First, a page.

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THE YOUNG MAN'S DUTY TO HIS PARENTS.
Eph. vi. 2, 3. Honour thy father and mother, which is the first
commandment with promise, that it may be well with thee.
NEXT to the fear and the love of God, no duty has a stronger claim to the attention and observance of young men than the duty which they owe to their parents.
This duty is founded on the common feelings and instincts of nature. As nature inclines almost all animated beings to nourish and provide for their offspring, so long at least as they need their care, and fondly to watch over and protect them, so it is natural that their offspring should become attached to their parents, as soon as they are so far advanced in growth, to be sensible of their kindness and affection. Such attachment to parents should especially be felt by man, who stands at the head of the animal creation, and whose reason should direct and give strength to the salutary instincts and teaching of nature.
You to whom I address myself should reflect, that as your parents have been, under Providence, the authors of your being, so they nourished and watched over you in the helplessness of infancy and childhood. Consider how hard they have toiled to provide for you food and clothing, how they have denied themselves the comforts, perhaps even the necessaries, of life, that you might not want. Think how many labours, and cares, and anxieties they have undergone on your account, and for your welfare. Certainly you must be sensible that they have the strongest claims to your gratitude and tender regard, that all the common feelings of nature require you to treat them with affection and respect, require you to LOVE, HONOUR, AND SUCCOUR YOUR FATHER AND MOTHER.
These suggestions of nature and reason are strongly enforced in the Scriptures. You well know that the fifth commandment enjoins you to Honour thy father and thy mother, that thy days may be long in the land, which the Lord thy God giveth thee. The Scriptures of the New Testament enforce the observance of all moral and social duties, not so much by temporal motives, as by considerations derived from the love and mercy of God, and from thankfulness for the atonement effected by the death of Christ. Instead of the promise of long life and happiness in this world, they hold forth the glorious prospect of eternal unfading happiness in the world to come. St. Paul however appears to enforce the observance of duty to parents by an allusion to the promise in the fifth commandment, Children, obey your parents in the Lord, for this is right. Honour thy father and mother, which is the first commandment with promise, that it may be well with thee b. That it may be well with thee. As attention to the relative duties contributes essentially to the well-being of society, so dutiful obedience to your parents will tend materially to promote your own well-being, your own comfort and happiness, in this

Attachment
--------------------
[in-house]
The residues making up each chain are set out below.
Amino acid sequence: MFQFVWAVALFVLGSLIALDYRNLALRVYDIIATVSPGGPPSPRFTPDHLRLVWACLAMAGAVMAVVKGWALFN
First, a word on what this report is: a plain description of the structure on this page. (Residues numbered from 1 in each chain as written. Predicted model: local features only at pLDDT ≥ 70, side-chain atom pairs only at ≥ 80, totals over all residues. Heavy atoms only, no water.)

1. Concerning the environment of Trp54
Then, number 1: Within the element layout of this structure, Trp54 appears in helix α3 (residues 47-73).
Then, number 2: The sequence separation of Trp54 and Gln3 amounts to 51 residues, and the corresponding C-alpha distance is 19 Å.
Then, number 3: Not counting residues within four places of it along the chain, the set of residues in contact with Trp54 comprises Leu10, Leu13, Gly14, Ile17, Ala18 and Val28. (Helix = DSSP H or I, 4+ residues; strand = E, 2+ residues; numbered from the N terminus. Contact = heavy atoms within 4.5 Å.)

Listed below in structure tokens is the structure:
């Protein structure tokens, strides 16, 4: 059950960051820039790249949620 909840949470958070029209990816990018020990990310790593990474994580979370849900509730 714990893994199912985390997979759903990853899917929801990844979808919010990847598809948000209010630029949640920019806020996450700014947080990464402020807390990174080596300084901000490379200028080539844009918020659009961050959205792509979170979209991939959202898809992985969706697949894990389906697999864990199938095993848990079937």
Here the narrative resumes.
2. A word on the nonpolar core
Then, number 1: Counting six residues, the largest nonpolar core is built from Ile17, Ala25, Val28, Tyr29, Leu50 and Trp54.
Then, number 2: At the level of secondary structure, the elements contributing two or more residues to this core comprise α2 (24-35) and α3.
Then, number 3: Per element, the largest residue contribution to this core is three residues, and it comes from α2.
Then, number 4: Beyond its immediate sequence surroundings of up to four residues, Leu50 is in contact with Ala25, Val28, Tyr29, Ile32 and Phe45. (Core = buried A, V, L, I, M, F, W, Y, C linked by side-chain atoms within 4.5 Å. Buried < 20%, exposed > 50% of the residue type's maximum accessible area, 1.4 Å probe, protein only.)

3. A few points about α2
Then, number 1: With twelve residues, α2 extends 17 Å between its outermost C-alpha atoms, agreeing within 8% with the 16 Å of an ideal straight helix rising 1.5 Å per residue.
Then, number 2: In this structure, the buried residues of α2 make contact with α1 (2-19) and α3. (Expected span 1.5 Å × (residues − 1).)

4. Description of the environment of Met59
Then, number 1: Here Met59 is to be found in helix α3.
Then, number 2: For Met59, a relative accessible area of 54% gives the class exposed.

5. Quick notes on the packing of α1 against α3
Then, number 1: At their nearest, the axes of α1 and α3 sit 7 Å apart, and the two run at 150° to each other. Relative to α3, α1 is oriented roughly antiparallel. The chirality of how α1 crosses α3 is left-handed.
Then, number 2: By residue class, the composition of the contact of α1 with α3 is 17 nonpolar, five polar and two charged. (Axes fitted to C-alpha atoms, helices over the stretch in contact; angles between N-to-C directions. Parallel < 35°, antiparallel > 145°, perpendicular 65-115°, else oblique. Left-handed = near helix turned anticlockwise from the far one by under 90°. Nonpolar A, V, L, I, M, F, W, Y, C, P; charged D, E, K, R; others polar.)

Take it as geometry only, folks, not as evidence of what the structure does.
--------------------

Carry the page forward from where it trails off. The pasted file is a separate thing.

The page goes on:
St. Paul repeats this injunction in the Epistle to the Colossians, Children, obey your parents in all things,-observe the expression in all things, in all things not contrary to the divine law,--for this is well pleasing to the Lord".